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11 Responses to “Book Review: The Catcher in the Rye by J.D Salinger (3/5)”

  1. Rae Longest December 29, 2020 at 7:57 PM #

    As an adolescent in high school, I read it and thought, “You go, Holden, you tell them all!” I studied it again in college in Adolescent Literature and wanted to turn him over my knee. I think it’s all in the perspective of the reader!


    • Sam December 30, 2020 at 9:50 AM #

      Exactly. If I’d read it when I was younger, I think I would have liked it a lot more. Happy reading!

      Liked by 1 person

  2. Davida Chazan December 31, 2020 at 11:24 AM #

    It stood up to the test of time for many, many years, but I think it isn’t as relevant anymore…


    • Sam December 31, 2020 at 3:08 PM #

      Interesting. I tried to put it in a historical context when I read it and it didn’t help me much. Happy reading.

      Liked by 1 person

      • Davida Chazan December 31, 2020 at 11:25 PM #

        I hear you. What gets me is that they still make it compulsory reading for High School students – as the classic “coming-of-age” story. But kids today are so different than they were back then, that I don’t think they can identify with it anymore. Surely there are TONS of more modern coming-of-age novels that schools could give kids to read that they’d be able to identify with more readily. I worry that books like this are preventing schools from encouraging the younger generation to read for pleasure!


      • Sam January 2, 2021 at 5:48 PM #

        That’s a great point. I didn’t read it in school (graduated high school 08) but I know the year before me did. I wonder if I was the beginning of phasing it out. Happy reading!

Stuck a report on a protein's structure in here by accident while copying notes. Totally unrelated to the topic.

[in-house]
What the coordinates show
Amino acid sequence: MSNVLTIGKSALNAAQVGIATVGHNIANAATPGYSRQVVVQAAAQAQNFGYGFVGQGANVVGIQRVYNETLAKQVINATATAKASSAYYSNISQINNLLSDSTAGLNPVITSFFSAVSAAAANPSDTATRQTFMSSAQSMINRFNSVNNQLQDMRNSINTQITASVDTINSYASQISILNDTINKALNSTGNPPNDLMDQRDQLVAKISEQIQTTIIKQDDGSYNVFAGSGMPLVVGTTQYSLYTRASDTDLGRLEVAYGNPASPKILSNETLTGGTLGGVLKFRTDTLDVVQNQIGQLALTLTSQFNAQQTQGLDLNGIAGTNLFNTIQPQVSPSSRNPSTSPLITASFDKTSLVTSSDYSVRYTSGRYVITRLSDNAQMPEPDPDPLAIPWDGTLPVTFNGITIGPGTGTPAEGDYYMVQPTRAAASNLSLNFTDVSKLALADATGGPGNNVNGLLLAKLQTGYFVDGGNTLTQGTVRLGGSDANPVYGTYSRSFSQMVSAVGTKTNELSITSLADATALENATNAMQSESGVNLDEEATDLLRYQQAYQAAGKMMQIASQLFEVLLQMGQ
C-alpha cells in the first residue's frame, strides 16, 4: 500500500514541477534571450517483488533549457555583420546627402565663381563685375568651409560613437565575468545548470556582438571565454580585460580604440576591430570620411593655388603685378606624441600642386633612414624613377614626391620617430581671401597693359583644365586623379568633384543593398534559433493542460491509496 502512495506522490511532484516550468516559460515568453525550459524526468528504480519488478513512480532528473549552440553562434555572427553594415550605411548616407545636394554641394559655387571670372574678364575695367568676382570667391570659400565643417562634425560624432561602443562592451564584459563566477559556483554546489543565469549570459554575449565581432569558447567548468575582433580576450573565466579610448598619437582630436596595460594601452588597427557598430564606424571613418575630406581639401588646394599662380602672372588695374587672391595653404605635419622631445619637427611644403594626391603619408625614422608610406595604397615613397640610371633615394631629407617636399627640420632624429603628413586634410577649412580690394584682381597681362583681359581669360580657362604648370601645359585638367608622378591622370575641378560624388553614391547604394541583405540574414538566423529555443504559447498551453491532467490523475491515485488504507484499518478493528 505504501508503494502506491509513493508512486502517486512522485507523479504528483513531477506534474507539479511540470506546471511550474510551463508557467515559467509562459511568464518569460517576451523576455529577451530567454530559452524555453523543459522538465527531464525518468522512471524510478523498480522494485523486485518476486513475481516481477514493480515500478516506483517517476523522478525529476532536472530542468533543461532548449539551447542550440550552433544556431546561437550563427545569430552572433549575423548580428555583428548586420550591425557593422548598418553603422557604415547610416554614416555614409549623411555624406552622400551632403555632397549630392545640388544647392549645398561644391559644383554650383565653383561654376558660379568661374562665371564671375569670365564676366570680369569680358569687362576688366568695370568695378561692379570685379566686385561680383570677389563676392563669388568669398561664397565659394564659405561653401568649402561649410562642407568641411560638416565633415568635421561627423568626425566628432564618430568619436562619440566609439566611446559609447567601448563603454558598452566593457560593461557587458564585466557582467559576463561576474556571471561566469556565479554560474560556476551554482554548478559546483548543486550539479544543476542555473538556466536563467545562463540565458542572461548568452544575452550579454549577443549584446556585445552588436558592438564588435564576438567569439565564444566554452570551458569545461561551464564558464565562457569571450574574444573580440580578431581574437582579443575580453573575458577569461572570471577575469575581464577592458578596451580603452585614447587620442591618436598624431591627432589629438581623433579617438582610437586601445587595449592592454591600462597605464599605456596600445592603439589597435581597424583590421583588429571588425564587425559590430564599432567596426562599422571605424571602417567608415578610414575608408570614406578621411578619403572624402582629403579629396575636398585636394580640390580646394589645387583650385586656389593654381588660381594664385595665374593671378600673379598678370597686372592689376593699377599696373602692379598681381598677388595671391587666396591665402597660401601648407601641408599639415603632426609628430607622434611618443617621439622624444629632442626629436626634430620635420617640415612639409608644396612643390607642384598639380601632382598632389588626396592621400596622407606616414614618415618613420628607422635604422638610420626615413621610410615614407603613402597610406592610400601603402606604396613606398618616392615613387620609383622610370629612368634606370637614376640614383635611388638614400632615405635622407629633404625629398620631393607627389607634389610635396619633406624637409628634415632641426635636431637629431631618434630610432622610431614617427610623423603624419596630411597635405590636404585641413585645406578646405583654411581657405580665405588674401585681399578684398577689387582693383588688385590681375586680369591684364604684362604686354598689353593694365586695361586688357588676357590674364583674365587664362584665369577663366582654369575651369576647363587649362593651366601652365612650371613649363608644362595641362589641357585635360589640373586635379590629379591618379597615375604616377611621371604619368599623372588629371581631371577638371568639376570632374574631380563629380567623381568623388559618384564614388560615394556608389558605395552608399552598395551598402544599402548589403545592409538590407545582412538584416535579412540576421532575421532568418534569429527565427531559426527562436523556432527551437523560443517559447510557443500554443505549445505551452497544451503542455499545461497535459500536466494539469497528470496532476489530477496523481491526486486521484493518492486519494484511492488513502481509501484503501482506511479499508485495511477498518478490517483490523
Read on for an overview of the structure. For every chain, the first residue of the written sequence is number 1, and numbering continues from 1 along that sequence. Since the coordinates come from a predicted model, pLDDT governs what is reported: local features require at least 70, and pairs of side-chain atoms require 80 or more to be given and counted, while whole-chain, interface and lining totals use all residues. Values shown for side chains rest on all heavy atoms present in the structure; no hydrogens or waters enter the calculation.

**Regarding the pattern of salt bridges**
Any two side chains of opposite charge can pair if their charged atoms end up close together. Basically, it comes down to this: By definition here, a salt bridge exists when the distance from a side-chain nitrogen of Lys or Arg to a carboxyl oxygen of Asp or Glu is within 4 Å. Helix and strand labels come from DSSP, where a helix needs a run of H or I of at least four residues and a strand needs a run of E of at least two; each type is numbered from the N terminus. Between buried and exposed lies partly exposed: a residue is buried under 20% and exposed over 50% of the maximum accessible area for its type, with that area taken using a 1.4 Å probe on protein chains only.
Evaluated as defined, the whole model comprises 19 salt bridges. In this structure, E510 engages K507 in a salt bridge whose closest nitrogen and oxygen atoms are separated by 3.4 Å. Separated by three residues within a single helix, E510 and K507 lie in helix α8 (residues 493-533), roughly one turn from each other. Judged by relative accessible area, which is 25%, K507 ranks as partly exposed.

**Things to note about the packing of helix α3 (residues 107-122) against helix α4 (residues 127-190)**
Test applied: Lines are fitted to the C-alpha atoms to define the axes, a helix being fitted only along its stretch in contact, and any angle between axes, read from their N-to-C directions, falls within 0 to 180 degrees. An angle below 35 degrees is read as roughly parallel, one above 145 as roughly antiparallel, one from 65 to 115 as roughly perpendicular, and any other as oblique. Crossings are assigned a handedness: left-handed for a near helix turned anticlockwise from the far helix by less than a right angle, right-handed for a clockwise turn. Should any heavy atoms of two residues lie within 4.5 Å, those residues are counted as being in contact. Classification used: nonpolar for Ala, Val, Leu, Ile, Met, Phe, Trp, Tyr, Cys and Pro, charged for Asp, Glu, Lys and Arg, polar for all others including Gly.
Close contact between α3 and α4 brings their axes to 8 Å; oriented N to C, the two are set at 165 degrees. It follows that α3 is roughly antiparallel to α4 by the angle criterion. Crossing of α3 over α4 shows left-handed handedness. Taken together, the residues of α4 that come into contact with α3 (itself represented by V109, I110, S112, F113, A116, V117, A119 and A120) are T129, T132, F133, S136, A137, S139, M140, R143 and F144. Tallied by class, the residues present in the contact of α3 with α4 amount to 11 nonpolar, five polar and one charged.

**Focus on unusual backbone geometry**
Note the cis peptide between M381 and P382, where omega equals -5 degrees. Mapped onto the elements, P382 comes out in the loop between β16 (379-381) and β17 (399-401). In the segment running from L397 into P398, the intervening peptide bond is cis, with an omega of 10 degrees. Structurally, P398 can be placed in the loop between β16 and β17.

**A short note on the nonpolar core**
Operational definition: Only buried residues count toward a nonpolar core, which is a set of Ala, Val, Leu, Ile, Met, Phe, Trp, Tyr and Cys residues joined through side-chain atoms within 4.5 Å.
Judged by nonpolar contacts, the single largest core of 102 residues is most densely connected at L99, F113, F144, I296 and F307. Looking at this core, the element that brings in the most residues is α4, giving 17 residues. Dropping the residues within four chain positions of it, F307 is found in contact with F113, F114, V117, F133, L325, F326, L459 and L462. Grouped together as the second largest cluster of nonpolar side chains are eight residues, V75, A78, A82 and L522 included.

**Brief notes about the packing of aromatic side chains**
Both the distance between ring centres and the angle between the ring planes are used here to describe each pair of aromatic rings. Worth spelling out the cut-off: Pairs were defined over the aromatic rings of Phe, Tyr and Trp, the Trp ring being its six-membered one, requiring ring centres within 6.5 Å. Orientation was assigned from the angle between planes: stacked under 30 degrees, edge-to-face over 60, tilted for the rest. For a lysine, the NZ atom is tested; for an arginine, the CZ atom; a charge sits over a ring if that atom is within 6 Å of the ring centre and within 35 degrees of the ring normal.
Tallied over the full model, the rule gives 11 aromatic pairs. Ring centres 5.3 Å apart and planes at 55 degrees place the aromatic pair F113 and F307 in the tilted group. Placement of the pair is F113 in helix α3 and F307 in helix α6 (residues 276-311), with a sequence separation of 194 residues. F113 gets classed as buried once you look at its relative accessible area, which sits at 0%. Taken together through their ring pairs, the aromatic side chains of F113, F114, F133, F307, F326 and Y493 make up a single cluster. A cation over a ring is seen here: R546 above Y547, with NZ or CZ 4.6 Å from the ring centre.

Liked by 1 person

      • Davida Chazan January 3, 2021 at 12:47 AM #

        I think people should still read it, but I think it should be for either AP English students or college students. Schools need to inspire young people to read, and I can give you at least one novel that I think would be a better choice for teaching “coming of age” stories to high school students. The Universe vs Alex Woods by Gavin Extence – here’s my review

        Liked by 1 person

  3. Ryan January 11, 2021 at 2:30 AM #

    I felt similarly about the book overall, but I found myself sympathizing with Holden more than I expected to by the end. I began to see the story as a massive depressive episode, his three days in NYC being him struggling to find a personal connection with something/someone. I guess I associate depression a lot with trying to do something you feel you ought to enjoy, but you find you just can’t no matter how hard you try, and I could feel that through his experiences. It struck home most for me when Phoebe asks him to tell her about something he actually likes, but he isn’t able to answer.